Well, maryrose says the plant is an “oxalis” so perhaps I should take a better photo to make sure, but I’m going to nip off a wee bit to see if I can taste the lemon flavor. It looks like the clover family. It is lovely! We just watered it in the little clay pot and there are several tiny yellow flowers blooming today!

      Can you believe Summer is passing! What a year it has been! 2013! Whew.

      The weather is nice today. I’m thinking about the mountains. Ruthie and I, maybe, to go camping. I wish so much I had felt more like traveling. I wanted to see Leslie in OH, and you guys too. I know Fall is beautiful in those hills though, so maybe that’s the best time.

      I continue to say my hopeful prayers for you and look forward to hearing more and more from you. Please take good care of yourself. Thank you for leaving a comment on my blog post and especially, for telling me about Wood Sorrel!

      With all my love,
      Michelle (dogkisses).

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      • Hey Michelle!
        Today is not a good day, actually, but I really enjoy munching on wood sorrel and wanted to let you in on its edibility.

        Oxalis is the genus name, and there are many species, but yours is likely O. Europeae of the flowers are under 1/2″ or O. Grandis if they are 3/4 to 1″ diameter. Wood sorrel is the common name.

        Here’s a video about it:

        A really excellent book is Newcomb’s Wildflower Guide by Lawrence Newcomb. It will help you identify *any* flowering wild plant easily – there is a system you use to ID the plants. I got mine when I took field biology in college learning to be a naturalist.

        I hope you can come see us soon! Fall is very beautiful here!
        Much Love flowing your way!
        Ash

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        • Very Cool Ash! Thanks for sharing this. I enjoyed the video. It’s nice to know it’s growing in my little pot, and maybe I can get it to grow in the ground. I bet it will around here.

          I’m sorry today is a bad day. I really am. I am having a rough time too, but I don’t think I’m as sick as you are right now. I wish I could do something for you.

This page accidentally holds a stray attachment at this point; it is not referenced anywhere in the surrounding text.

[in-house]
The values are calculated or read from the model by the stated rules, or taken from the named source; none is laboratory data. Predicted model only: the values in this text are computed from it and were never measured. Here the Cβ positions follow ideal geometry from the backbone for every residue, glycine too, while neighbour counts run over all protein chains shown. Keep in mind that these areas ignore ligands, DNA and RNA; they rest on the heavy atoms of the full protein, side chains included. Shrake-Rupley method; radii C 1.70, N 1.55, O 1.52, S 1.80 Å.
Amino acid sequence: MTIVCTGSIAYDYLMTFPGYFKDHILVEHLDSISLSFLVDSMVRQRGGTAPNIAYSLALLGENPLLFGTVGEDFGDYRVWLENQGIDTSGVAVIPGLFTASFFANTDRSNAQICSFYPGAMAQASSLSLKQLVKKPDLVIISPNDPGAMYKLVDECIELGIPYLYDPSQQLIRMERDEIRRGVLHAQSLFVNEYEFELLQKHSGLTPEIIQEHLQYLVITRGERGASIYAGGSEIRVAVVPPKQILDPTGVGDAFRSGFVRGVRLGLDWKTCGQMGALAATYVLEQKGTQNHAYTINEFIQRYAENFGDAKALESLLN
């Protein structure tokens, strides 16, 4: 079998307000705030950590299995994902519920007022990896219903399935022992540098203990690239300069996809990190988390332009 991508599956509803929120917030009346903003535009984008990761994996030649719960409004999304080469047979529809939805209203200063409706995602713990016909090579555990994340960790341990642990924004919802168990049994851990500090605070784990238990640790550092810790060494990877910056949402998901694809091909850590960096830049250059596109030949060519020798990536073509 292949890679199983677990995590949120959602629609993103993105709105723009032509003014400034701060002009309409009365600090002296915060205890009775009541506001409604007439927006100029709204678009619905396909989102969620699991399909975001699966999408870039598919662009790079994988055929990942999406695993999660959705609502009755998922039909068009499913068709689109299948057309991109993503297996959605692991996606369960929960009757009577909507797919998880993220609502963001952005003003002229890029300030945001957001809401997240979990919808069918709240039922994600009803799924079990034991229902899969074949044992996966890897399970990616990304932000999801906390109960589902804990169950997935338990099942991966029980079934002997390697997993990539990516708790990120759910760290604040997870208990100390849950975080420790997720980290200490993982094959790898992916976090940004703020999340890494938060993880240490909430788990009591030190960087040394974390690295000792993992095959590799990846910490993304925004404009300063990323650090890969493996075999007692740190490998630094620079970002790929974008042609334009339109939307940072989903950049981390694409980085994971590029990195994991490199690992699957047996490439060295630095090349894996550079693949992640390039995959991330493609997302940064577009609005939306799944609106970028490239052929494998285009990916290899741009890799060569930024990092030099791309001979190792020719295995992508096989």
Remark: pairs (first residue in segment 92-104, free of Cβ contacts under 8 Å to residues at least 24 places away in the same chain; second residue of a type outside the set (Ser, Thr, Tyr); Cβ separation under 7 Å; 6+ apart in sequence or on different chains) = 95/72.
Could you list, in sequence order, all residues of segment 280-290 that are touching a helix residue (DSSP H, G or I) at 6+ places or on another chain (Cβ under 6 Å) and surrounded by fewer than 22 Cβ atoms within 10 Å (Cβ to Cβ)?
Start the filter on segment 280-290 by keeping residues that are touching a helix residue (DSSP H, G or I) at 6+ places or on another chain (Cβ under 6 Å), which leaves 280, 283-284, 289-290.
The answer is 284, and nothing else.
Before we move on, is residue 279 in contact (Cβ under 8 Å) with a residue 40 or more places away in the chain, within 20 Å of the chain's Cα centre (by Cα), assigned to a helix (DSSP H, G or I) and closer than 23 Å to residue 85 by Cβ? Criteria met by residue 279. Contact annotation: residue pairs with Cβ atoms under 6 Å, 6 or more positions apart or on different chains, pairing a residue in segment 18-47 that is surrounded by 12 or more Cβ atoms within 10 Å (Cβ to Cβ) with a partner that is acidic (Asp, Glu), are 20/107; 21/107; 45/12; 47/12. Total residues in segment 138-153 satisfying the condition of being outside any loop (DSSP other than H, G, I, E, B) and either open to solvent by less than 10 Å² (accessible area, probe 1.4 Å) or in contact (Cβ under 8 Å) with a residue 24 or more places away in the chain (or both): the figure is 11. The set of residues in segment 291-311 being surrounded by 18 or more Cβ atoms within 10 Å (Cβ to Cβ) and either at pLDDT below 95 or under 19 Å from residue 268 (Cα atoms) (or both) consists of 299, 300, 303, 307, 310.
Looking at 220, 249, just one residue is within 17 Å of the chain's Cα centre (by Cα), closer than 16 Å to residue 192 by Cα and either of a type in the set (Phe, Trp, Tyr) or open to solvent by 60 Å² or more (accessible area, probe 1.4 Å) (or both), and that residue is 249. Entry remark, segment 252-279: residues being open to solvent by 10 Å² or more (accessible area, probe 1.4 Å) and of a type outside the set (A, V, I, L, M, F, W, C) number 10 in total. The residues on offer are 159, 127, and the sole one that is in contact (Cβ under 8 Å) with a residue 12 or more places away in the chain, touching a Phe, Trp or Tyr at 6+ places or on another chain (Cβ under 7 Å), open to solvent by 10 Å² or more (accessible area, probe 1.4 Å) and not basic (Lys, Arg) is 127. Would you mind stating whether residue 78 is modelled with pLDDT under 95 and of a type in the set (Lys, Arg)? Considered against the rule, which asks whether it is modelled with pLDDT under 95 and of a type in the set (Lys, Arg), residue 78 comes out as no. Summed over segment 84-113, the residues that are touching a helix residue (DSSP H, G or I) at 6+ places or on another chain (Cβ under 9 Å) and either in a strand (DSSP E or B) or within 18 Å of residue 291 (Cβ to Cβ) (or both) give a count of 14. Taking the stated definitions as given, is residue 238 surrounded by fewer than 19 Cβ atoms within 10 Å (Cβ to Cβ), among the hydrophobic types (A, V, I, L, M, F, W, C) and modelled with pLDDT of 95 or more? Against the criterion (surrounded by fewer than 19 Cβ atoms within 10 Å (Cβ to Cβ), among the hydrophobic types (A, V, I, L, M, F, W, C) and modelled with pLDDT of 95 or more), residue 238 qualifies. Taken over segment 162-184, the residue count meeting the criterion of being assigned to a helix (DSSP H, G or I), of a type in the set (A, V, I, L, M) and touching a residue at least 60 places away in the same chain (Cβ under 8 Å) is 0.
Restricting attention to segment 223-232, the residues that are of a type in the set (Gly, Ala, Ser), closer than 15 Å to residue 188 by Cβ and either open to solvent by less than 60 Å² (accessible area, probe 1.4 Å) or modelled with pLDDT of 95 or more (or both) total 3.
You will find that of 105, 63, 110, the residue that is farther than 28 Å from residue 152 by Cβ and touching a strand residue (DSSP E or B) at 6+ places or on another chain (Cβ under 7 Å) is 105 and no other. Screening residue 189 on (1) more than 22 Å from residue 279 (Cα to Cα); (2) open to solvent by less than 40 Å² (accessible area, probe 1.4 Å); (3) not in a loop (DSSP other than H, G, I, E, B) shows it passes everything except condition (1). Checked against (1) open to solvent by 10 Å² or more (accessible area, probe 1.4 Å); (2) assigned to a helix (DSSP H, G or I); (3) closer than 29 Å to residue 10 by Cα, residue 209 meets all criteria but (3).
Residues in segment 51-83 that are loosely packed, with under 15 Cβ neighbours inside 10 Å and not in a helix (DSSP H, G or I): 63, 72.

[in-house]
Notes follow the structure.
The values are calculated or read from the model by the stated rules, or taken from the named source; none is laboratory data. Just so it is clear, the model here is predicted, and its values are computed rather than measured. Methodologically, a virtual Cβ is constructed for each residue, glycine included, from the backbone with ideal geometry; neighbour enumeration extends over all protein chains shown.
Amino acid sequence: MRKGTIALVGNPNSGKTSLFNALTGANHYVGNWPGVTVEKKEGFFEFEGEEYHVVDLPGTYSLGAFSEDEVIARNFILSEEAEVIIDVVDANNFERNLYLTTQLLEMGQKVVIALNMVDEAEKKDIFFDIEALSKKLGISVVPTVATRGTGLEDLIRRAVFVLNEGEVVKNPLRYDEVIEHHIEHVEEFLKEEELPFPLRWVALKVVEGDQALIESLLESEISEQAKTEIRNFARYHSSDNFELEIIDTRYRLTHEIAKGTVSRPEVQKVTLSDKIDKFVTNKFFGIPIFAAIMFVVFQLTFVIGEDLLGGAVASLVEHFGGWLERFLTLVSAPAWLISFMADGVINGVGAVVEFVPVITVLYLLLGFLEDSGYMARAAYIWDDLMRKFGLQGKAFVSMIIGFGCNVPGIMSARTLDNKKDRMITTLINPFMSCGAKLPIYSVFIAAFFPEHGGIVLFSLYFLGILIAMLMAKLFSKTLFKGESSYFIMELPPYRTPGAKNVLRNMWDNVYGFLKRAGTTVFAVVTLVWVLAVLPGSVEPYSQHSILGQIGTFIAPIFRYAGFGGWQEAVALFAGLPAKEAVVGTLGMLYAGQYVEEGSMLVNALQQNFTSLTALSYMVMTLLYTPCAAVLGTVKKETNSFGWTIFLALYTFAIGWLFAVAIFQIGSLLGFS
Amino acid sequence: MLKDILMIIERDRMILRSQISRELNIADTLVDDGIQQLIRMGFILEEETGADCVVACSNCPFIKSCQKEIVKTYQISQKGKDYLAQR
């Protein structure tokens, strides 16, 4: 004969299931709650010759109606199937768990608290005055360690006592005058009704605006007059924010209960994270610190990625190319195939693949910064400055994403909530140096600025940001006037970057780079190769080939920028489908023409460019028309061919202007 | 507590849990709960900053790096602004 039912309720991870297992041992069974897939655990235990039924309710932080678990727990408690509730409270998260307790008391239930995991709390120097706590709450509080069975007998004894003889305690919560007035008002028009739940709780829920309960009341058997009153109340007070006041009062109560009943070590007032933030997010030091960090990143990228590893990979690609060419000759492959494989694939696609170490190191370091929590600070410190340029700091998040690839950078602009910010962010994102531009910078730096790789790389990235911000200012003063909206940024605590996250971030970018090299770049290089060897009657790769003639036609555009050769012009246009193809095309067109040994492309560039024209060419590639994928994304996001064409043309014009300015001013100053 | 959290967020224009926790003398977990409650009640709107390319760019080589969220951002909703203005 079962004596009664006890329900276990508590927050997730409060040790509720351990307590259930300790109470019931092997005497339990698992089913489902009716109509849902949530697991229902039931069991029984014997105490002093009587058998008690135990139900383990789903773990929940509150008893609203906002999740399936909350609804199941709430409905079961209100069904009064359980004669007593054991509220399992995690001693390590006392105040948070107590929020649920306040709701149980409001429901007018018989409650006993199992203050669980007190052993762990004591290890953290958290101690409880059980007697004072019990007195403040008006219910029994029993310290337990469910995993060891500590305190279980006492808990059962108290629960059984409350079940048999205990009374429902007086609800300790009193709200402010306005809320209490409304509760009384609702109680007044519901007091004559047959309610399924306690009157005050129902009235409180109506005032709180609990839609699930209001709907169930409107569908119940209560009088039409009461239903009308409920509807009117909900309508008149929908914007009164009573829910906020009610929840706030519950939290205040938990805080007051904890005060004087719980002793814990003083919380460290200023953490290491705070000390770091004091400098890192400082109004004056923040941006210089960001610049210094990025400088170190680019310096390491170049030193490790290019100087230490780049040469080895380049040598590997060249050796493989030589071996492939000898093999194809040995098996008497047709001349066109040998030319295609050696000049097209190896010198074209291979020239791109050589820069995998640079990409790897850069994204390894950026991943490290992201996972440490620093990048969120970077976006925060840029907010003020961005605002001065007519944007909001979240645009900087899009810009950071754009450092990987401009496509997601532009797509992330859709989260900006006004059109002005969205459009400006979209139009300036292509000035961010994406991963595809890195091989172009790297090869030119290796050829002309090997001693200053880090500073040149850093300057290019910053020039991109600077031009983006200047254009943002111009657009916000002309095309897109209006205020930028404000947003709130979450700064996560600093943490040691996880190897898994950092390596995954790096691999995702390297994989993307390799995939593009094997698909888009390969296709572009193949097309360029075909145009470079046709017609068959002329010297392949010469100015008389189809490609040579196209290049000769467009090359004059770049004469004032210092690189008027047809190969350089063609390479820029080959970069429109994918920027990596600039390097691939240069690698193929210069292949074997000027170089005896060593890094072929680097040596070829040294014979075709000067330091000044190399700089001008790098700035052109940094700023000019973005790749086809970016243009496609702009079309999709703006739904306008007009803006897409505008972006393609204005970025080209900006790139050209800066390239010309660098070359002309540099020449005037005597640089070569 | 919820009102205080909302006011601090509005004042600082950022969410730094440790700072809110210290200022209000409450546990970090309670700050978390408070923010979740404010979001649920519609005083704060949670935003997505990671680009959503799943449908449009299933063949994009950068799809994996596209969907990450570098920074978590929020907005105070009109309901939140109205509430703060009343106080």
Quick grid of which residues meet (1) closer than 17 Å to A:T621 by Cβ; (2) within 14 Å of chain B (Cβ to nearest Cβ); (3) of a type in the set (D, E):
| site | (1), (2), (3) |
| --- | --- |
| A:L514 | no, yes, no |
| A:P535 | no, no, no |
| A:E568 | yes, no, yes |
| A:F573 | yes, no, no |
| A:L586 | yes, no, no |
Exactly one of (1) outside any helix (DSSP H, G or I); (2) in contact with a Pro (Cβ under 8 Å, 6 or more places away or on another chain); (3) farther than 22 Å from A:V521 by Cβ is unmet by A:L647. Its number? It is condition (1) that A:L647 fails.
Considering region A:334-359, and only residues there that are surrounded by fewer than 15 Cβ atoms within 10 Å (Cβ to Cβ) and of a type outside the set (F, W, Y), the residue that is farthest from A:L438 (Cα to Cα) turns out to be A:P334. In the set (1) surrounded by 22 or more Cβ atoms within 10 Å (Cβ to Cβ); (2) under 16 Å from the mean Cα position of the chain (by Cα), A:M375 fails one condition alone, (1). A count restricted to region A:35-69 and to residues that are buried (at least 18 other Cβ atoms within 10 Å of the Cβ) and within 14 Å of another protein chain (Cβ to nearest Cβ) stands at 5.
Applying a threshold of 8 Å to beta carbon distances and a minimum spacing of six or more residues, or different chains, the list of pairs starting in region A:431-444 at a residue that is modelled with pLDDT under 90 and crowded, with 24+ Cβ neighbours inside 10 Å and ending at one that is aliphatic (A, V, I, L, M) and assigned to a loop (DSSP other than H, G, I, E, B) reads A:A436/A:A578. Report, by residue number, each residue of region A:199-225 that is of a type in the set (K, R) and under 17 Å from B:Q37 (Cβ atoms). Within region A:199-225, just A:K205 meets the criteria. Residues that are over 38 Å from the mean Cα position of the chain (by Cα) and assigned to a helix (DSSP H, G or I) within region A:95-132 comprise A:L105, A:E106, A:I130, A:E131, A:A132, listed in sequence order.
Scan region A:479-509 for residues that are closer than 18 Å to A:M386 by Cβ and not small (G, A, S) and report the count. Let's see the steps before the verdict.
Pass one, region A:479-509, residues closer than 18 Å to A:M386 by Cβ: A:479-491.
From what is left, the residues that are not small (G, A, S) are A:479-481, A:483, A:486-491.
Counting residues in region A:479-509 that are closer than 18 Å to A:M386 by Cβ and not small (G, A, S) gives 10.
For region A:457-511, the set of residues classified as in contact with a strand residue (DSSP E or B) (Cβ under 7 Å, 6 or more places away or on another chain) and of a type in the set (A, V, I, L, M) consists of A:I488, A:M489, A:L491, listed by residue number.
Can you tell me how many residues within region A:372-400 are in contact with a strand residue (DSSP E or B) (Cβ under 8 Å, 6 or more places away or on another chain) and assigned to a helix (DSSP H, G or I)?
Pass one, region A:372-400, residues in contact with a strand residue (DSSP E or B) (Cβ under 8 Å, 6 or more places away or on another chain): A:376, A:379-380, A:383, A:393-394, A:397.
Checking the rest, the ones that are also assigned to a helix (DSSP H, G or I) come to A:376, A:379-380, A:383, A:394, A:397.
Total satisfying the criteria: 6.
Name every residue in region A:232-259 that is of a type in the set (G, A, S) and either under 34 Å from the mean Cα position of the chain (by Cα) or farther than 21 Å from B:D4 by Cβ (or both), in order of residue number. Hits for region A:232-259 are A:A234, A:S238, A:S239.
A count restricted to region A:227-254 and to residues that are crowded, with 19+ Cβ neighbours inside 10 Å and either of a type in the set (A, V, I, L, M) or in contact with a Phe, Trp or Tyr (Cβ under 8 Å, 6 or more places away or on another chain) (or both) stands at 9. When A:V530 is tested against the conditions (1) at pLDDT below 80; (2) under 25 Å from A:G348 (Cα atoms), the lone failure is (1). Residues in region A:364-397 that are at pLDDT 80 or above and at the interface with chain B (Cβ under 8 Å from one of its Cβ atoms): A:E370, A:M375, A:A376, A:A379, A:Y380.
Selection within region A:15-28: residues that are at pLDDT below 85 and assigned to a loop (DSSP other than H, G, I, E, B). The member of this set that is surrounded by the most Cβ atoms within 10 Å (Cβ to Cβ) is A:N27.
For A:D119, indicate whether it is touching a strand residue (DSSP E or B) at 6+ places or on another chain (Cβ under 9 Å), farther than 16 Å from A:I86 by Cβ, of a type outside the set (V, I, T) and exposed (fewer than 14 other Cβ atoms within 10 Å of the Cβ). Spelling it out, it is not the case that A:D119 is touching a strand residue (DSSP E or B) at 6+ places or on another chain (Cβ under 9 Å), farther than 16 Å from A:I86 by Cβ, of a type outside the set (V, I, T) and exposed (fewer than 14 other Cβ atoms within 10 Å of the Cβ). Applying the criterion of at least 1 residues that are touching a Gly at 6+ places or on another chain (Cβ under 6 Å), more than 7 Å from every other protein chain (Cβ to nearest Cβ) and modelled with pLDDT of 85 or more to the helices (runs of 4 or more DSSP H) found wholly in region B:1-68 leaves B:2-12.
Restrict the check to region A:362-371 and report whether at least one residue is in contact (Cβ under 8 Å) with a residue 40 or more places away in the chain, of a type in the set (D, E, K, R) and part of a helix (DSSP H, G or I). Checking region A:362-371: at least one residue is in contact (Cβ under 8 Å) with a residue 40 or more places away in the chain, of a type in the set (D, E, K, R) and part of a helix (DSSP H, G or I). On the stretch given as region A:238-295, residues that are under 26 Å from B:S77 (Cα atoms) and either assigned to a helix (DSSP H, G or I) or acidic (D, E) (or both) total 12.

You are in my heart, and my thoughts, dear Ash.
          Peace, Blessings, and Love,
          Your friend, Michelle.

          PS I am always amazed by your mind! Even on a bad day, you are still one of the brightest people I have ever known. I wish you well!!! You are such a delight on this planet, and I am so glad you are my friend! xoxo big healing hugs

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  4. What a beautiful story and delightful perspective. I love the pictures it painted in my imagination.
    I also apologize for accidentally deleting your kind comment.

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    • Thanks Don! I’m so happy to know you enjoyed the little story!

      No worries about the comment. At least you know I read your post, and I did enjoy it too. Thanks for stopping to let me know.

      Warmly,
      Michelle.

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  5. Posted by Tom on August 12, 2013 at 9:35 AM

    dear Michelle, love the story, Truly if a person doesn’t appreciate the beauty everywher that it exists then our life is very bland. I have to share a story with you. My Bichon (Anna) is my nurse/angel. I have come to understand that it wasn’t chance that delivered her to me, but what it was I don’t know. she monitors me all of the time. when the Pain is at it’s worst she tends me. last night was especially bad. She came to lay with me, Gave me two baths and then laid her head cheek to cheek with me. first one cheek and then the other. she ended up going to sleep with a paw on either side of my head and laid her head on mine. how does such endless love come to me, I believe that she was sent. Her love has no limit. when walking is difficult, she patiently follows me and then hits my lap as soon as i sit. this little girl has brought me sunshine on all of the days that I have needed it. She has no other plans like people do and is available every minute of every day. The Lord delivered what I needed as I needed it. i can’t see any other explanation.

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    • Dear Tom,

      Hello! What a wonderful tale of the love of a dog!!! Thank you for sharing your Anna’s great loving! She sounds very smart with a huge heart! Like my girl, Ruthie 🙂

      I believe my Ruthie was sent too. I should tell how we met. Perhaps I will write that story. My beautiful dog-friend, Free, blew kisses from Heaven, straight down to Earth, where Ruthie received them! And then we met!